This young lady was left with intense chemical burns and scars after getting a black henna tattoo while on holiday.
She soon complained of it being itchy and it then erupted in painful blisters and had to have the blisters cut away in a specialist burns unit, which left her with scars.
These ‘black henna’ tattoos can contain high levels of toxic chemical dye, which is normally illegal to use on the skin.
The paste contains an ingredient called paraphenylenediamine (PPD).
The addition of PPD, an oxidative chemical, into henna dyes and the potential for this allergenic chemical to cause hypersensitivity reactions is a public health issue.
As a consequence, there are hundreds of cases ranging from mild eczema to bullous reactions to scarring and permanent hypopigmentation seen.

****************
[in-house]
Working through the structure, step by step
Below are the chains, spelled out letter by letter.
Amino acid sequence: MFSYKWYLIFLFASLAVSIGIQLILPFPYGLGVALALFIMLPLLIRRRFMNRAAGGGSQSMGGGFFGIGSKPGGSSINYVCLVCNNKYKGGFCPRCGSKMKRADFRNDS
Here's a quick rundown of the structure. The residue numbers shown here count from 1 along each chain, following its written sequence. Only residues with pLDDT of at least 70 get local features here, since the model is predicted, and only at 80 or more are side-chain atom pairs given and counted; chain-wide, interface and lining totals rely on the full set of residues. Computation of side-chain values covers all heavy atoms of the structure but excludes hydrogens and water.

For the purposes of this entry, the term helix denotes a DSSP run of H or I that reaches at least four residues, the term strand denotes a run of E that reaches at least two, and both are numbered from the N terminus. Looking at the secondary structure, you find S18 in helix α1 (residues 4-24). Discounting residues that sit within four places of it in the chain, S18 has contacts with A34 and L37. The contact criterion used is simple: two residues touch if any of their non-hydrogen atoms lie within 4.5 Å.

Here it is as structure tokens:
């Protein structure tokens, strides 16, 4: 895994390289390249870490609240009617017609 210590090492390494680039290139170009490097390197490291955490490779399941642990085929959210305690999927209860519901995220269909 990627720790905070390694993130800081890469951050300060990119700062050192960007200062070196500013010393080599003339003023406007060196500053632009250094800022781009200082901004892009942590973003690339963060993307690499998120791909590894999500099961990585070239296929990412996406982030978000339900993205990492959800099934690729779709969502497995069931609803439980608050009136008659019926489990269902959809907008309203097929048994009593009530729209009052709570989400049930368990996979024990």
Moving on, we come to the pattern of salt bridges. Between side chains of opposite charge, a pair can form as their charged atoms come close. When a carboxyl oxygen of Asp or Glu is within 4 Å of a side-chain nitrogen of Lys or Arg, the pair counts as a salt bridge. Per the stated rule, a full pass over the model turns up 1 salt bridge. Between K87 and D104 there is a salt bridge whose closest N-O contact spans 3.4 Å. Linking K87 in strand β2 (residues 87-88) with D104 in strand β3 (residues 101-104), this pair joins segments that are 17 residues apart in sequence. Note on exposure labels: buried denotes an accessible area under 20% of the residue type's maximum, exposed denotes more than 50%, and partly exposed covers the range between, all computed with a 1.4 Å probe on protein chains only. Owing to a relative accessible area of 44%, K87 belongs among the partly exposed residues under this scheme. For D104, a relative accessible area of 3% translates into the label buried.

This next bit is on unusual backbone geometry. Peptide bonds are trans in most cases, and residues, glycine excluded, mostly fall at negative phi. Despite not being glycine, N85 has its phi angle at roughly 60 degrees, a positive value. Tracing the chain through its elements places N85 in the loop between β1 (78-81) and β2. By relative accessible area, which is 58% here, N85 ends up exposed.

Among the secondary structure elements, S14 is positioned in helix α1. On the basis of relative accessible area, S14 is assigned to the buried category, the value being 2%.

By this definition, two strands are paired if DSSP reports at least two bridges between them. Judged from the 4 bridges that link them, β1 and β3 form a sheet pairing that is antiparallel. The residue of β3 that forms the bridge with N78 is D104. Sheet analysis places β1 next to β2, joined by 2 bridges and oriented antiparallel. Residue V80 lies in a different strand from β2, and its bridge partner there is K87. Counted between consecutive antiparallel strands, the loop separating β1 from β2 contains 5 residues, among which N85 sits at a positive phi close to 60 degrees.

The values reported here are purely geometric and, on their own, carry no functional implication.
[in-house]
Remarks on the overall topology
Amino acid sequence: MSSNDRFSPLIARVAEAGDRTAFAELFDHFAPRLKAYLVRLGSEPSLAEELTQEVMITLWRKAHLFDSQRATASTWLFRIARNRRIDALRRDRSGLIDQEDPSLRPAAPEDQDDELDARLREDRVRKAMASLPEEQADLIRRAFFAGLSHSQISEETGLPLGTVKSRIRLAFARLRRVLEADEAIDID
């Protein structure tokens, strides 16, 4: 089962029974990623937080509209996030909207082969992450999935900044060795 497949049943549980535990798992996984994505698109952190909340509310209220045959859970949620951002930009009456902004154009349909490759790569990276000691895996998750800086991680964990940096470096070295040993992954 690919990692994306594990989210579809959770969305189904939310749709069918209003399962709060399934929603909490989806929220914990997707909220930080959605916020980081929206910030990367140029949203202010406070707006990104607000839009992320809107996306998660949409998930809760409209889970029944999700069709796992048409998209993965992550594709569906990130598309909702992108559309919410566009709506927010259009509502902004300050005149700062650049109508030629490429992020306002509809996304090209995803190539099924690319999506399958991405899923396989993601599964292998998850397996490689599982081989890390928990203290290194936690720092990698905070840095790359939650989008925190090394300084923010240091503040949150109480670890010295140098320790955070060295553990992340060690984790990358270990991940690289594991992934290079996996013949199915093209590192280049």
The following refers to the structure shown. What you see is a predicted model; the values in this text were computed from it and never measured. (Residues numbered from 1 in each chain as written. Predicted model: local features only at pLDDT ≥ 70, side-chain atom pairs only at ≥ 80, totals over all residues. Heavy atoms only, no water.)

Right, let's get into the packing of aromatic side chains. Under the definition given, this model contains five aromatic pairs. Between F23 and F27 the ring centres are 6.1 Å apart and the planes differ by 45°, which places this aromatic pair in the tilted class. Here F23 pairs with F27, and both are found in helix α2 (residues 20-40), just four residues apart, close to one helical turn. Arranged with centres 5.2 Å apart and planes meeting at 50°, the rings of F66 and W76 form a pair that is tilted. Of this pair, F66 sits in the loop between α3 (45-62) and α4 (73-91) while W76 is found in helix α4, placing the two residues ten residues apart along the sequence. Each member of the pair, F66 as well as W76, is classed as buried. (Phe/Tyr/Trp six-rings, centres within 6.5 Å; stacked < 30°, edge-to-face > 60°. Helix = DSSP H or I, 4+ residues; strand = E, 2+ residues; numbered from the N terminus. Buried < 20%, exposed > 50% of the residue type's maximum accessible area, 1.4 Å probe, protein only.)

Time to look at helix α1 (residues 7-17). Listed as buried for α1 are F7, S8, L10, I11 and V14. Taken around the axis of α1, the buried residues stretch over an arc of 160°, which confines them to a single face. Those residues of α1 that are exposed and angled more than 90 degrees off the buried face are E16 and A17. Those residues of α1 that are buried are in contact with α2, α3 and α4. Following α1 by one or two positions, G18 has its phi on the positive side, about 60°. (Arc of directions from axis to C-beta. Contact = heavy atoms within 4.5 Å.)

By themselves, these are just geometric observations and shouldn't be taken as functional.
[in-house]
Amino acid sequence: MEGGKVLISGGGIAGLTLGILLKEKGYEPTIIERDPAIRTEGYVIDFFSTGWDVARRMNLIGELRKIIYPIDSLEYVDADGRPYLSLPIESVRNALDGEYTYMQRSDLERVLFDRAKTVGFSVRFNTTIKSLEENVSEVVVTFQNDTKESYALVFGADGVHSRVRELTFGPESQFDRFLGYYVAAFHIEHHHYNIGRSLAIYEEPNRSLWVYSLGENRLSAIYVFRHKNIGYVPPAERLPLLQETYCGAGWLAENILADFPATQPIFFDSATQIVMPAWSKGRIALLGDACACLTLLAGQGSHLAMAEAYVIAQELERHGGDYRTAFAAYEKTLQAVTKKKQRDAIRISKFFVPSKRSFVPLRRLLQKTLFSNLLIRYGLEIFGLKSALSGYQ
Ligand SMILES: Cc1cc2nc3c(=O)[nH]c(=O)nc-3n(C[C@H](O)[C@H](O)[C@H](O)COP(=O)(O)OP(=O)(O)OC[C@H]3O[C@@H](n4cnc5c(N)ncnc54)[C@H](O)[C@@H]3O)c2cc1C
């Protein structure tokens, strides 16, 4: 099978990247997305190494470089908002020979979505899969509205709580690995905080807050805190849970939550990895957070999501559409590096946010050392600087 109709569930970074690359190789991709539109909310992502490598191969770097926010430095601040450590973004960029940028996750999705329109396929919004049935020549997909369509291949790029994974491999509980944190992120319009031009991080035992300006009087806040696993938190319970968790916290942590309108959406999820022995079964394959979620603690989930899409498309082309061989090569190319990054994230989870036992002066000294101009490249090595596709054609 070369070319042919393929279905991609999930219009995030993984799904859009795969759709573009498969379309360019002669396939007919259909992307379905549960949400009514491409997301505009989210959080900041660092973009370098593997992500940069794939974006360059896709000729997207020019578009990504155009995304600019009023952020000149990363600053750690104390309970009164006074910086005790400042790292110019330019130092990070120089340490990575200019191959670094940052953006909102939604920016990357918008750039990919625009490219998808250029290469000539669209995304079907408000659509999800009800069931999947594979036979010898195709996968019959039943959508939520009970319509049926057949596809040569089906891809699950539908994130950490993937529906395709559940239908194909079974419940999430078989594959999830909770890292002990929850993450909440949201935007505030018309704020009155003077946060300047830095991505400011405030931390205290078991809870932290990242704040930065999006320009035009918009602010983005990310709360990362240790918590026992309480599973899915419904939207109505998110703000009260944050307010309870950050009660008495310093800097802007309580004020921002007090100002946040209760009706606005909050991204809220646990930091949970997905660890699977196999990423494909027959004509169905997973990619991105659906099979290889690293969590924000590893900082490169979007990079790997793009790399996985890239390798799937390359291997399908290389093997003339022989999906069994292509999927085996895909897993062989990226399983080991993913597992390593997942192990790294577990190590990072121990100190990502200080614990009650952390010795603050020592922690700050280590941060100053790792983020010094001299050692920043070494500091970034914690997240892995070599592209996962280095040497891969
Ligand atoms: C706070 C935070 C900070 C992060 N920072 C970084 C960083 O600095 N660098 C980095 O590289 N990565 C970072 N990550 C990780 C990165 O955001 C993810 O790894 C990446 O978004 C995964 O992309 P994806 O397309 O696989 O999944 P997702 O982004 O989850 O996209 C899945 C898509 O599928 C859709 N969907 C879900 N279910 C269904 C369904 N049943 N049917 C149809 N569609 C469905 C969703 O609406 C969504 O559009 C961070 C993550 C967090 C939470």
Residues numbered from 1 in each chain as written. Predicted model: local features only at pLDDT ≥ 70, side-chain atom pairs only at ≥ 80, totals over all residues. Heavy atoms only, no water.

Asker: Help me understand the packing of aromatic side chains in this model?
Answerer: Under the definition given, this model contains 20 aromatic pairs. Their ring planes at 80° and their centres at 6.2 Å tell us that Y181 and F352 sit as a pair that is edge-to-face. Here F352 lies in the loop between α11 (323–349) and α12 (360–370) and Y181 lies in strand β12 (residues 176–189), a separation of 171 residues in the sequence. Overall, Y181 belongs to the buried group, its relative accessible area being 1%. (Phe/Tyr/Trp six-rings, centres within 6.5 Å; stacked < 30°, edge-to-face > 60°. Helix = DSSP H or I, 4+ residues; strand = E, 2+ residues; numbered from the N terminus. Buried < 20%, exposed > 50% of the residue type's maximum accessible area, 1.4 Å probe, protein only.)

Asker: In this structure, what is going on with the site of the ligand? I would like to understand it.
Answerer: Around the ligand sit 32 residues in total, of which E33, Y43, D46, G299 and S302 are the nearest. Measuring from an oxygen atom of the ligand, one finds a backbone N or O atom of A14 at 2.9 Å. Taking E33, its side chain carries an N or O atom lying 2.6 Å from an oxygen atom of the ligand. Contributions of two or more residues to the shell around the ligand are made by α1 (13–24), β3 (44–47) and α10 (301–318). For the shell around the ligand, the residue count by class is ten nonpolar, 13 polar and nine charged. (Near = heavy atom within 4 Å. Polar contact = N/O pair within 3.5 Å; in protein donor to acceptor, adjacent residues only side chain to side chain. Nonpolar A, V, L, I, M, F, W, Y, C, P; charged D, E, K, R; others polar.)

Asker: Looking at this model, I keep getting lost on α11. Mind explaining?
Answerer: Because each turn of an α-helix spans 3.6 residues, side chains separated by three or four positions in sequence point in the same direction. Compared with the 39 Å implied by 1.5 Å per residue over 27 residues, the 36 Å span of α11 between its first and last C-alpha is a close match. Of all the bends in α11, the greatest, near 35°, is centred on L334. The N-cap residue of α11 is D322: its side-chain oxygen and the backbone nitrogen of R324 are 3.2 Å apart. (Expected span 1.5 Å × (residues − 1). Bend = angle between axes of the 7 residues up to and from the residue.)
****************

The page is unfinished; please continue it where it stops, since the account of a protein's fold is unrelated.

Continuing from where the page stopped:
Furthermore, these temporary tattoos can cause significant and lifelong sensitization, which would likely lead to reactivity in the future to permanent hair dyes, rubber chemicals, inks, clothing dyes and some diabetic and blood pressure medications (sulfonamides and hydrochlorothiazides).
This skin disease, known as lichenoid eruption, is characterized by damage and infiltration between the epidermis and dermis, and may result in pustules and even blistering in some cases.
The contact allergic reaction usually appears 7-14 days after first exposure. It may begin with a red eczematous (rough, inflamed skin) that develops in the pattern of the temporary tattoo.
Depending on the severity the allergy or infection may also generalize, extending well beyond of the initial tattoo pattern.